Achalasia is a swallowing disorder caused by a loss of function in the esophageal body and the lower esophageal sphincter (the muscular ring at the junction of the oesophagus and the stomach). Normally, when people swallow, the esophageal body will sequentially contact the sphincter, which relaxes to allow food and liquid to pass into the stomach. With achalasia, the esophageal body does not contact and the sphincter does not relax, which causes food to be lodged in that area.

Cause of Achalasia

Many medical experts believe that the degeneration of the nerve cells that signal the brain to relax the esophageal body and the esophageal sphincter causes achalasia. Although the underlying cause of this degeneration is unknown, some have proposed an autoimmune disease or infectious source.

Symptoms of Achalasia

Symptoms usually worsen over time, leading to the person not tolerating both solid and liquid diets. These symptoms include:

  • Difficulty swallowing and “getting stuck”
  • Regurgitation of food
  • Heartburn
  • Belching
  • Nighttime cough
  • Vomiting

Diagnosis of Achalasia

Usually suspected based upon the presence of the symptoms described above, specific tests are needed to confirm the diagnosis and rule out other conditions with similar symptoms, such as the following investigations:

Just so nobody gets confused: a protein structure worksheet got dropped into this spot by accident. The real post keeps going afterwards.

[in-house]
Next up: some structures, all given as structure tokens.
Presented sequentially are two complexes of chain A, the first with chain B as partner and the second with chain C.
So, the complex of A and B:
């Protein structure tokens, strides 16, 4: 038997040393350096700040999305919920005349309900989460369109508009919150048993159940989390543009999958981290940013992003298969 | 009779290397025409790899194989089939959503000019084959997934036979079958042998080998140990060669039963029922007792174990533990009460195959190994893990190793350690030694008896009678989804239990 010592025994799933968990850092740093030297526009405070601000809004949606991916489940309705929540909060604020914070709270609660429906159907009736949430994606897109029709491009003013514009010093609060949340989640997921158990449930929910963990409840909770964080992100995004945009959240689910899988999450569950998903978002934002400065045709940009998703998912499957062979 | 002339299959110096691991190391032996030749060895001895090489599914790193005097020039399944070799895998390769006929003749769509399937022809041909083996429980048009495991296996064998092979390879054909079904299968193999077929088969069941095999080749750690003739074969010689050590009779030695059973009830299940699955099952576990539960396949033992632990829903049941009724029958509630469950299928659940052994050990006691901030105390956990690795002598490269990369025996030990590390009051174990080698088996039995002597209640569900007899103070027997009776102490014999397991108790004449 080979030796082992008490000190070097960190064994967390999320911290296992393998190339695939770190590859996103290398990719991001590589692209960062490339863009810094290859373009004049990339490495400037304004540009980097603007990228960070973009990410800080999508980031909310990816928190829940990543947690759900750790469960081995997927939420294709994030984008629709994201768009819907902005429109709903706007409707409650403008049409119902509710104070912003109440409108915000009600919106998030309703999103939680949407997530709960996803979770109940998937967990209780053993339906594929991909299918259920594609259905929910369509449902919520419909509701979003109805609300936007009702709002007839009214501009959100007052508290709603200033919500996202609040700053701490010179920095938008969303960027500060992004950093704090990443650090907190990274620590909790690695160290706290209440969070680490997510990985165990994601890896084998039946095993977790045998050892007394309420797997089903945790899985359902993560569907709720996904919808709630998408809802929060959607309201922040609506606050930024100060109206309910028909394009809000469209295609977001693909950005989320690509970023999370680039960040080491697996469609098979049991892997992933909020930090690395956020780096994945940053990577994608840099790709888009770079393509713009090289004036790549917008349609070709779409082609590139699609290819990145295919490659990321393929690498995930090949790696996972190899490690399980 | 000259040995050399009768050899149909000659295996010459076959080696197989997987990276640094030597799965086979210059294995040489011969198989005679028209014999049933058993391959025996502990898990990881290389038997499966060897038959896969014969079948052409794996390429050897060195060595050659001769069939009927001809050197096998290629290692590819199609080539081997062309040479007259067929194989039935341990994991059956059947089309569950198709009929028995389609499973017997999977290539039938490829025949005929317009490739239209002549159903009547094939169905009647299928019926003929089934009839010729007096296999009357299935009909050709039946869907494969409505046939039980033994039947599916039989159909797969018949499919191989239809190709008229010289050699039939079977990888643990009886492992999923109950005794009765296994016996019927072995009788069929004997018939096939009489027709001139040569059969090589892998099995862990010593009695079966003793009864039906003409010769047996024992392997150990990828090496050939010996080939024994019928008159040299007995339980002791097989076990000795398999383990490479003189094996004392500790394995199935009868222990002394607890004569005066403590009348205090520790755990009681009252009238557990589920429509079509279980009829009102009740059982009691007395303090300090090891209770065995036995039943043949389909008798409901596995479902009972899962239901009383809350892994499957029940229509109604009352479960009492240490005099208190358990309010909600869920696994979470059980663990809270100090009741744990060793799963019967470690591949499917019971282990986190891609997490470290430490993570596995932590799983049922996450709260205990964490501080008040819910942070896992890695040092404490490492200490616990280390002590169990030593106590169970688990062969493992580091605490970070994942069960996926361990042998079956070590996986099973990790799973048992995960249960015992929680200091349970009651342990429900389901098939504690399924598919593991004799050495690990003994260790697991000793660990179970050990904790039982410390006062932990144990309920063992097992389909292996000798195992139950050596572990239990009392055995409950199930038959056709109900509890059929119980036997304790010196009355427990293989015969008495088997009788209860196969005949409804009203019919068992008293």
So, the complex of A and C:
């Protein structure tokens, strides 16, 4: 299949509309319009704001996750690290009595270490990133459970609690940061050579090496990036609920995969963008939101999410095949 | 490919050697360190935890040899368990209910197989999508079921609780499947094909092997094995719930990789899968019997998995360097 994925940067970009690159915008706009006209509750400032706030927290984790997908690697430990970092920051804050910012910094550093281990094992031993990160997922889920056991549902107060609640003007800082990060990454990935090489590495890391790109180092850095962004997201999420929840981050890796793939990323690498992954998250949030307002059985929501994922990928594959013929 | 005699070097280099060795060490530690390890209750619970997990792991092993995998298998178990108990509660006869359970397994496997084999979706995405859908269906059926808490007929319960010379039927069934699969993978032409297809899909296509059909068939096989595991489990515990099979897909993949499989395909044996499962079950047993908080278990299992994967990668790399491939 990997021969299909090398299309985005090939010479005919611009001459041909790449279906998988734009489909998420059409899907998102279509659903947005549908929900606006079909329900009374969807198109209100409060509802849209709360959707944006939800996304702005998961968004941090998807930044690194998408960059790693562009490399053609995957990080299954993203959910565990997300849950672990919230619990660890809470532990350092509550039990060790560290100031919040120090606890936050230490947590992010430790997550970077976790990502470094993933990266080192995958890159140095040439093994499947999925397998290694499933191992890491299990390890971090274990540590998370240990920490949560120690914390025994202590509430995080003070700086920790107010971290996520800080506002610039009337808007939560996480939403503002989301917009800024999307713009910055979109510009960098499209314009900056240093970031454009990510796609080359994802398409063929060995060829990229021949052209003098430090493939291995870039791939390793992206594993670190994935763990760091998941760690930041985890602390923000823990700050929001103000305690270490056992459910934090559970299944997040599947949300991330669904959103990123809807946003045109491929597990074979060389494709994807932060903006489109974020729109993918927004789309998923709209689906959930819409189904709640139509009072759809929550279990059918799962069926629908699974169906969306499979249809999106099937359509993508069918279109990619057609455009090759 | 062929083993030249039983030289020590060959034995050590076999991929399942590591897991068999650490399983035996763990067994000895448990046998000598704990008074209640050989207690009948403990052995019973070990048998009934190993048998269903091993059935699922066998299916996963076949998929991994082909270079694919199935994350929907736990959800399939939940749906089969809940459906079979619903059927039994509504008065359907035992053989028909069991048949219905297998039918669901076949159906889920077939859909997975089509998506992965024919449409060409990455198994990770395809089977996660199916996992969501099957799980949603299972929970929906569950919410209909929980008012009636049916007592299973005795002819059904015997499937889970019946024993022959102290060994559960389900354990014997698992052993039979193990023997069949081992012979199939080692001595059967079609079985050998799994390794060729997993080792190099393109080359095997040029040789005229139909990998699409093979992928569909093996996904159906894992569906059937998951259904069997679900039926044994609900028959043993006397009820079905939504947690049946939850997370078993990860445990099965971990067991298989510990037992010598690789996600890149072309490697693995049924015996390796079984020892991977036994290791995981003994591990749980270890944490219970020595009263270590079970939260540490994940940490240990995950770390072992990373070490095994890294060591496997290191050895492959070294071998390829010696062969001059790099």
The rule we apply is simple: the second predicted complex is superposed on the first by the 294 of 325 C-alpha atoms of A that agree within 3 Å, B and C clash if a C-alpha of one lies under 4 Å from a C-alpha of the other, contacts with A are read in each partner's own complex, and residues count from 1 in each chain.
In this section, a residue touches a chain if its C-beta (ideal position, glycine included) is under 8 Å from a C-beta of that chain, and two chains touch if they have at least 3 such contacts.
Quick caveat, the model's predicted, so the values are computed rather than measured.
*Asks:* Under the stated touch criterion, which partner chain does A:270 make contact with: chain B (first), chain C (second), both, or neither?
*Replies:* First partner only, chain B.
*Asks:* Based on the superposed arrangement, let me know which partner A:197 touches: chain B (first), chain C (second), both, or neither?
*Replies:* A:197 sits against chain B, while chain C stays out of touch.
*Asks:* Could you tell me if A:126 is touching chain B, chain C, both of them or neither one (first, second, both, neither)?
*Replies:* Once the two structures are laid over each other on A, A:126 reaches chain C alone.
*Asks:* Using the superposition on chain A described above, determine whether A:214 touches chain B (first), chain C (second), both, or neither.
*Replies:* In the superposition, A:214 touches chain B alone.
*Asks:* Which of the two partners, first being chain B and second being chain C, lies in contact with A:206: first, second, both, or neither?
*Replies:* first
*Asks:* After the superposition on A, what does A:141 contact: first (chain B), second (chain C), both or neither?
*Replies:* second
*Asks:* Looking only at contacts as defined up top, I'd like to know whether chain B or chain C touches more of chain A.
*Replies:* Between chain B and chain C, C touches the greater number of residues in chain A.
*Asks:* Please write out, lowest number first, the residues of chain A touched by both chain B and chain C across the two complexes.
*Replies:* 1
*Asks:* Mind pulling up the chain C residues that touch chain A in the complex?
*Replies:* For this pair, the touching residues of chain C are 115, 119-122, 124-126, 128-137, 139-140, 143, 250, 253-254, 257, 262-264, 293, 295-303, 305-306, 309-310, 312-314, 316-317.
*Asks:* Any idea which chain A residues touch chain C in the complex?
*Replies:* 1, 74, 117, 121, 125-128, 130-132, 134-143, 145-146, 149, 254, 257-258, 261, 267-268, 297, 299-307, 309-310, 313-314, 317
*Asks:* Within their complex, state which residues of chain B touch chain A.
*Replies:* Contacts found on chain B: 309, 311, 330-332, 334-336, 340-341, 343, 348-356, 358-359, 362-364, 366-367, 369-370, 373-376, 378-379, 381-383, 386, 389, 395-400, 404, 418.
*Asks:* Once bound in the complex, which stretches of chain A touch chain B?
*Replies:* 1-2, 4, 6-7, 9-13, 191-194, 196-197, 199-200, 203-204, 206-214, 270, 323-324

1. Endoscopy
  2. Barium swallow x-ray
  3. Esophageal Manometry
  4. Computerised Tomography Scan (CT Scan)
  5. 24 hrs. pH-Impedance Monitoring

Treatment for Achalasia

The aim of treatment is to allow food to pass through more easily, using medication, balloon dilation, surgery, or endoscopic treatment (Botulinum toxin injection). Occasionally, medications such as calcium channel blockers or nitrate-based compounds will help relieve symptoms of achalasia, but these treatments are generally ineffective in most patients.

Balloon Pneumatic dilation involves the insertion of an inflatable balloon down the oesophagus to the sphincter, where it is inflated to force the sphincter open. This is effective in about 70-80% of patients, but multiple sessions are often required, and there is the risk of esophageal perforation.

The surgery to relieve achalasia is called an esophageal myotomy, after which about 80-85% of patients experience long-term relief. This involves dividing the muscularis of the upper stomach and the lower oesophagus.

Nutrition plays an important role prior to, and in conjunction with, these procedures. A dietitian will most likely recommend foods or liquids that are calorie dense and easily swallowed.

Achalasia is an uncommon disorder of the oesophagus that your physician may treat with any treatment options which previously mentioned base on the individual patient.

How to Prevent Achalasia?

Since the cause of achalasia is not known, the condition is not preventable. Early treatment, however, can lessen the chance of complications.

Complications of Achalasia

  • Aspiration of food contents into the lung can cause pneumonia
  • Malnutrition
  • Risk of esophageal cancer